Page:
'' Plague '' from Mars ? '' Not unimaginable. '' It is not a 0% chance, so scientists are working to establish safeguards.

When Carl Sagan imagined sending humans to Mars in his book * The Cosmic Connection, *  published in 1973, he posed a problem beyond such a mission's cost and complexity ; the possibility that life already existed on the red planet and that it might not play nice.

'' It is possible that on Mars there are pathogens,'' he wrote, ''organisms which, if transported to the terrestrial environment, might do enormous biological damage - a Martian plague.

Michael Crichton imagined a related scenario in his novel. ''The Andromeda Strain.''

Such situations, in which extraterrestrial samples contain dangerous tag-along organisms, are examples of backward contamination, or the risk of material from other worlds harming Earth's biosphere.

''The likelihood that such pathogens exist is probably small,'' Sagan wrote, ''but we cannot take even a small risk with a billion lives.

Scientists have long considered Sagan's warnings in mostly hypothetical terms. But over the approaching decade, they will start to act concretely on the risks of backward contamination.

NASA and the European Space Agency are gearing up for a shared mission called Mars Sample Return. A rover on the red planet is scooping up material that is to be collected by other spacecraft and eventually returned to Earth.

No one can say for sure that such material will not contain tiny Martians. If it does, no one can yet say for sure that they would not be harmful to Earthlings.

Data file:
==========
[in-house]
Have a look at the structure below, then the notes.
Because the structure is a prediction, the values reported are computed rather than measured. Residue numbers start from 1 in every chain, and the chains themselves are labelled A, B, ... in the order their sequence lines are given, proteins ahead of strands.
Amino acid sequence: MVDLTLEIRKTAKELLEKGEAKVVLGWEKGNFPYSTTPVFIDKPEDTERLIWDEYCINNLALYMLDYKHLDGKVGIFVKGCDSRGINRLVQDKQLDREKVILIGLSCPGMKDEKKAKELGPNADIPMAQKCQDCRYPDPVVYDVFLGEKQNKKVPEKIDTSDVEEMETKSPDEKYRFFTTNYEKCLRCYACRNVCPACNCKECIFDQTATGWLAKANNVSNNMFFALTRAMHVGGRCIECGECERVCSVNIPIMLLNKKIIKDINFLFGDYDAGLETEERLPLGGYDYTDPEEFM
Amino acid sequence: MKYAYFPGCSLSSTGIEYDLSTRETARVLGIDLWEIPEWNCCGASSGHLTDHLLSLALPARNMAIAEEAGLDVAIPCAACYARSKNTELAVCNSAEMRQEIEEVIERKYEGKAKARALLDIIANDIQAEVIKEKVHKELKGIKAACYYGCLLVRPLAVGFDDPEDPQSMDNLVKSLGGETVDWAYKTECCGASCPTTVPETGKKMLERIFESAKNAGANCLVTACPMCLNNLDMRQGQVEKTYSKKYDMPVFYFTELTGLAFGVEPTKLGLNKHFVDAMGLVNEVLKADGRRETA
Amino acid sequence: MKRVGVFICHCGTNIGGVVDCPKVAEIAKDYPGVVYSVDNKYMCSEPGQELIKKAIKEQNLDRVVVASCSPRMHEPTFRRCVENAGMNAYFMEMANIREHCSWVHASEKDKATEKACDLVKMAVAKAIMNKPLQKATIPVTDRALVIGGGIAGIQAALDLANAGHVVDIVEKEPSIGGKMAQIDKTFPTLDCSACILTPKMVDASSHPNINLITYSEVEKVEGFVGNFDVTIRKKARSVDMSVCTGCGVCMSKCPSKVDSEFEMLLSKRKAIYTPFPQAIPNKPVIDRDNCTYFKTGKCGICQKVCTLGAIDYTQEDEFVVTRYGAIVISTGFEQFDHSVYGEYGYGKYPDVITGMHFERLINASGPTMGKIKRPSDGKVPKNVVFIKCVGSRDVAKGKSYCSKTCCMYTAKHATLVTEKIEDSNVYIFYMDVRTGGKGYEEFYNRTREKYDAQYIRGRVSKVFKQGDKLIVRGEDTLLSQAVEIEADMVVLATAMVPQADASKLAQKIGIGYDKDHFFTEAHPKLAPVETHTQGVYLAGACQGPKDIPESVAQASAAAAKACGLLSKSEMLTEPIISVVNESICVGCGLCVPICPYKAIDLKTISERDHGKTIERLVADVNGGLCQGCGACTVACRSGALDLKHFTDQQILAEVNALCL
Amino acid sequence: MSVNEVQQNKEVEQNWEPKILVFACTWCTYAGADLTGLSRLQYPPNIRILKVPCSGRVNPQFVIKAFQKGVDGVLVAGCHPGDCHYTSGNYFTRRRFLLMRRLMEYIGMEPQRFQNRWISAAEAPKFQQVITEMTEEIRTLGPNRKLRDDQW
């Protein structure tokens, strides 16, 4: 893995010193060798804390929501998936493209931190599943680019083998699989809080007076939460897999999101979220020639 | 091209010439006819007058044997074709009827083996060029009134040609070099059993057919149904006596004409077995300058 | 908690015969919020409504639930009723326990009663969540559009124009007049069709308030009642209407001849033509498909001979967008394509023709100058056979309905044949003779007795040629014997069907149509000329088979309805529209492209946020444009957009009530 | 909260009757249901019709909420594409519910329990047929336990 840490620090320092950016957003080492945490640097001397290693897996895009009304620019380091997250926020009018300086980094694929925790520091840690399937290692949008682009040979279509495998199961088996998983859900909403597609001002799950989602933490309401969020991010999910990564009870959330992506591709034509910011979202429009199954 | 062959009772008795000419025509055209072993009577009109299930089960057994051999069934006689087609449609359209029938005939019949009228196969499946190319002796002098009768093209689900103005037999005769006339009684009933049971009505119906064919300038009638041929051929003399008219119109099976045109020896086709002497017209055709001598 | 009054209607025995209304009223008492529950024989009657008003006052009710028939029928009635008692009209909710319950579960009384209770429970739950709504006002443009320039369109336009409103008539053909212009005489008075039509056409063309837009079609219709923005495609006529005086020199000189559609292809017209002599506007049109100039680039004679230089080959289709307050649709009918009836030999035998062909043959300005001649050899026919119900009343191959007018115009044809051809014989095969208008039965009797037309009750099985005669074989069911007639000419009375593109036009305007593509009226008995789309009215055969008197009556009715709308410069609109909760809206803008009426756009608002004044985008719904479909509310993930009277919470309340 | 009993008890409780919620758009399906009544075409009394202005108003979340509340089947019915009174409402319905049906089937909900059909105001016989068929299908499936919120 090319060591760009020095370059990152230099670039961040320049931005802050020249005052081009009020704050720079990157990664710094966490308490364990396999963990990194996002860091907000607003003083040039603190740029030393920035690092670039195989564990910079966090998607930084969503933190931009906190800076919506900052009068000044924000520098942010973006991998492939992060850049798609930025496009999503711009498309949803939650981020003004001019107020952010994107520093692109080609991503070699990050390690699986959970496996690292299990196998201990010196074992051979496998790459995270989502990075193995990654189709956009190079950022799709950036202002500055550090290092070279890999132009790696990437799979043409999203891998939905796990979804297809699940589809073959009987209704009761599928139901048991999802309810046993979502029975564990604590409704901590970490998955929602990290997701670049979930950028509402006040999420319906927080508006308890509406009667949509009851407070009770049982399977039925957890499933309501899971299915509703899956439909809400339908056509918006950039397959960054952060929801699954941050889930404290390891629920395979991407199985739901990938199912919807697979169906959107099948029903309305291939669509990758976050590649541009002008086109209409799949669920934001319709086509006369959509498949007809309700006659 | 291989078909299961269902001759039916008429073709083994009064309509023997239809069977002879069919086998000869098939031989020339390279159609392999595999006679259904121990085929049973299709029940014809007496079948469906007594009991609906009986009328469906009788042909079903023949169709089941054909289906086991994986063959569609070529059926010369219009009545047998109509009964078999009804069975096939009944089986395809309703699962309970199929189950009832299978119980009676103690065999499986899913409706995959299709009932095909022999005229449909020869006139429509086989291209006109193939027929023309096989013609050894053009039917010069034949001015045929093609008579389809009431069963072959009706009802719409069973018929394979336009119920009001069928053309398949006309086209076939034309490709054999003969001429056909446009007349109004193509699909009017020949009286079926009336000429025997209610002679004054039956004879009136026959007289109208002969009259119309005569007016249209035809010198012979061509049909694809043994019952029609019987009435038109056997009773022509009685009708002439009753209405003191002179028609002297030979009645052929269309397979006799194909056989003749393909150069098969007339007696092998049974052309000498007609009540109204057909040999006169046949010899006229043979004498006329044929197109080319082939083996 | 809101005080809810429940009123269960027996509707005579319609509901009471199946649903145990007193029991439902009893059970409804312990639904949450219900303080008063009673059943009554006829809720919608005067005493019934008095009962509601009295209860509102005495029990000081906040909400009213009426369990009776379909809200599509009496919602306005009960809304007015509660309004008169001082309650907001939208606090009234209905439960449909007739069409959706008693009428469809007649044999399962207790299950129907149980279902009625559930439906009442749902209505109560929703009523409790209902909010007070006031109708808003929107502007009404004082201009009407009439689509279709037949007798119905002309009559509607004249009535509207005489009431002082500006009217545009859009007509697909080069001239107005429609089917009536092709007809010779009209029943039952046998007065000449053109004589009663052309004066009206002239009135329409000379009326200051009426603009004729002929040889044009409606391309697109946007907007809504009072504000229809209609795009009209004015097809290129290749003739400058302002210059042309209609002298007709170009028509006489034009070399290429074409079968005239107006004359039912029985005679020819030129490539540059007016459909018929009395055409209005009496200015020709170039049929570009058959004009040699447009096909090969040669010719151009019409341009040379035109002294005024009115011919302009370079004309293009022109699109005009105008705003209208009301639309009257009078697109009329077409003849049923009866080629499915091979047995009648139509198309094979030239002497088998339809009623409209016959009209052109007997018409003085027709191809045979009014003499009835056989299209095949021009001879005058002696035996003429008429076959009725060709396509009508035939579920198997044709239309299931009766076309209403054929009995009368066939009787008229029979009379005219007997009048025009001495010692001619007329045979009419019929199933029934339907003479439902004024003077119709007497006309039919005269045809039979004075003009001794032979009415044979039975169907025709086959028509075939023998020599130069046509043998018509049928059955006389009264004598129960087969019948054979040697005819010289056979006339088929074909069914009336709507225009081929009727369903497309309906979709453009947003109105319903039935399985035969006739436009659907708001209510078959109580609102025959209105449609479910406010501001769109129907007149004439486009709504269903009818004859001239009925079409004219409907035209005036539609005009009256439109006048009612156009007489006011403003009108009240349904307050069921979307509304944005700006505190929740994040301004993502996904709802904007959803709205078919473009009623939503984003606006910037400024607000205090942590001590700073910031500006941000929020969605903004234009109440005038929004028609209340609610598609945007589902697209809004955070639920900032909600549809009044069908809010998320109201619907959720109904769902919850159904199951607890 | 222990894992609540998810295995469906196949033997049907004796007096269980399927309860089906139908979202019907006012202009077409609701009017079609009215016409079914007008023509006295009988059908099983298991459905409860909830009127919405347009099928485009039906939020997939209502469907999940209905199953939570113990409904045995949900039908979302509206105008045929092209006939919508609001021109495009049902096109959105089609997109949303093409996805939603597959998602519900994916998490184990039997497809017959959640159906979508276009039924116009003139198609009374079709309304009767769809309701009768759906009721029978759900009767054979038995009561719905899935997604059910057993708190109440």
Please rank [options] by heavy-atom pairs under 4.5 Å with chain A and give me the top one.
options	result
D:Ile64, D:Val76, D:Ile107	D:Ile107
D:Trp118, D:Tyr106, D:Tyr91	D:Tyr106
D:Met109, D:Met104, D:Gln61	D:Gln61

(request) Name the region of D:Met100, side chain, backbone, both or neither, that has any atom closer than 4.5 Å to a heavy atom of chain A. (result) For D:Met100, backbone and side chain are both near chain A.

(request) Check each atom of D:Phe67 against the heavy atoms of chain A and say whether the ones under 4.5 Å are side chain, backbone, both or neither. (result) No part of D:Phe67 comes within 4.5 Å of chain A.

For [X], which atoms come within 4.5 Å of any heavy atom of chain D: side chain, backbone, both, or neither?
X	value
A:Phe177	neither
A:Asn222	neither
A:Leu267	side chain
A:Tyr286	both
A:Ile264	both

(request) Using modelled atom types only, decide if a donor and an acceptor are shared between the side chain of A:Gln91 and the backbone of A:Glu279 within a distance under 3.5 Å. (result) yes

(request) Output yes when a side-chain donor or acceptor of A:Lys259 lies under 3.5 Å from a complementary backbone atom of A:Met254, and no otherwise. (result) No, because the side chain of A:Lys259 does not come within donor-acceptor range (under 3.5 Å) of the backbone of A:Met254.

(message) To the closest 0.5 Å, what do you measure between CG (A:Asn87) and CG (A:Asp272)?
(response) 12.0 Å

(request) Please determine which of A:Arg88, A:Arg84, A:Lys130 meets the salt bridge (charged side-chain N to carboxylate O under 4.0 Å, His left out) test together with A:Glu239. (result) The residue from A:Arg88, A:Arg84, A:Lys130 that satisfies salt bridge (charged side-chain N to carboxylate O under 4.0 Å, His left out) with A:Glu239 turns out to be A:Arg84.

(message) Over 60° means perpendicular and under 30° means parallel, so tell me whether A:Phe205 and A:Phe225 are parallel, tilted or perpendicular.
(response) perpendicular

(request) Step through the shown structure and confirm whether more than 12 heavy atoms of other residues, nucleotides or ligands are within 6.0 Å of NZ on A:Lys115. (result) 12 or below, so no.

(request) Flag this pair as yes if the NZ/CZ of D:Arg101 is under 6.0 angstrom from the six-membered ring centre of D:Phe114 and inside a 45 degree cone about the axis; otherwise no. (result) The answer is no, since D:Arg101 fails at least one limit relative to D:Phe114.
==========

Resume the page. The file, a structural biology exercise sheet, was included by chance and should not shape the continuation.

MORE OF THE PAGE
With such concerns in mind, NASA must act as if samples from Mars could spawn the next pandemic. '' Because it is not a 0 percent chance, we are doing our due diligence to make sure that there's no possibility of contamination,'' said Andrea Harrington, the Mars sample curator for NASA.

Thus, the agency plans to handle the returned samples similarly to the way the U.S. Centers for Disease Control and Prevention handles the Ebola virus : carefully.

''Carefully,'' in this case, means that once the Mars samples drop to Earth, they must be held initially held in a structure called the Sample Receiving Facility.

The mission's planners say the structure should meet a standard known as ''Biosafety Level 4,'' or BSL-4, which means it is capable of safely containing the most dangerous pathogens known to science.

But it also had to be pristine : functionally, a giant clean room that prevents substances on Earth from contaminating the samples from Mars.

The agency has little time to waste : If the samples return mission occurs on time - admittedly a big ''if'' Mars rocks could land on Earth by the mid 2030s.

It could take about that much time to build a facility that can safely contain the Martian materials, that is if it is built on schedule, without disruption from political or public challenges.

Because no existing lab was contained and clean enough for NASA, four scientists, including Dr. Harrington, went on a tour of some of the planet's most dangerous facilities.

In total, the team visited 18 facilities that handled biological horrors, maintain ultra-clean rooms or manufacture innovative equipment for either purpose.Members hoped to figure out what has worked at existing labs and what a NASA facility could appropriate or optimize to keep humanity safe.

To scientists like Dr. Harrington, the hurry and hurdles are worth it. ''This will be the first sample return mission from another planet,'' she said.

The first time another world has met humans, in other words, because humans introduced them.

The Publishing of Mars Essay, continues. The World Students Society thanks author Sarah Scoles.


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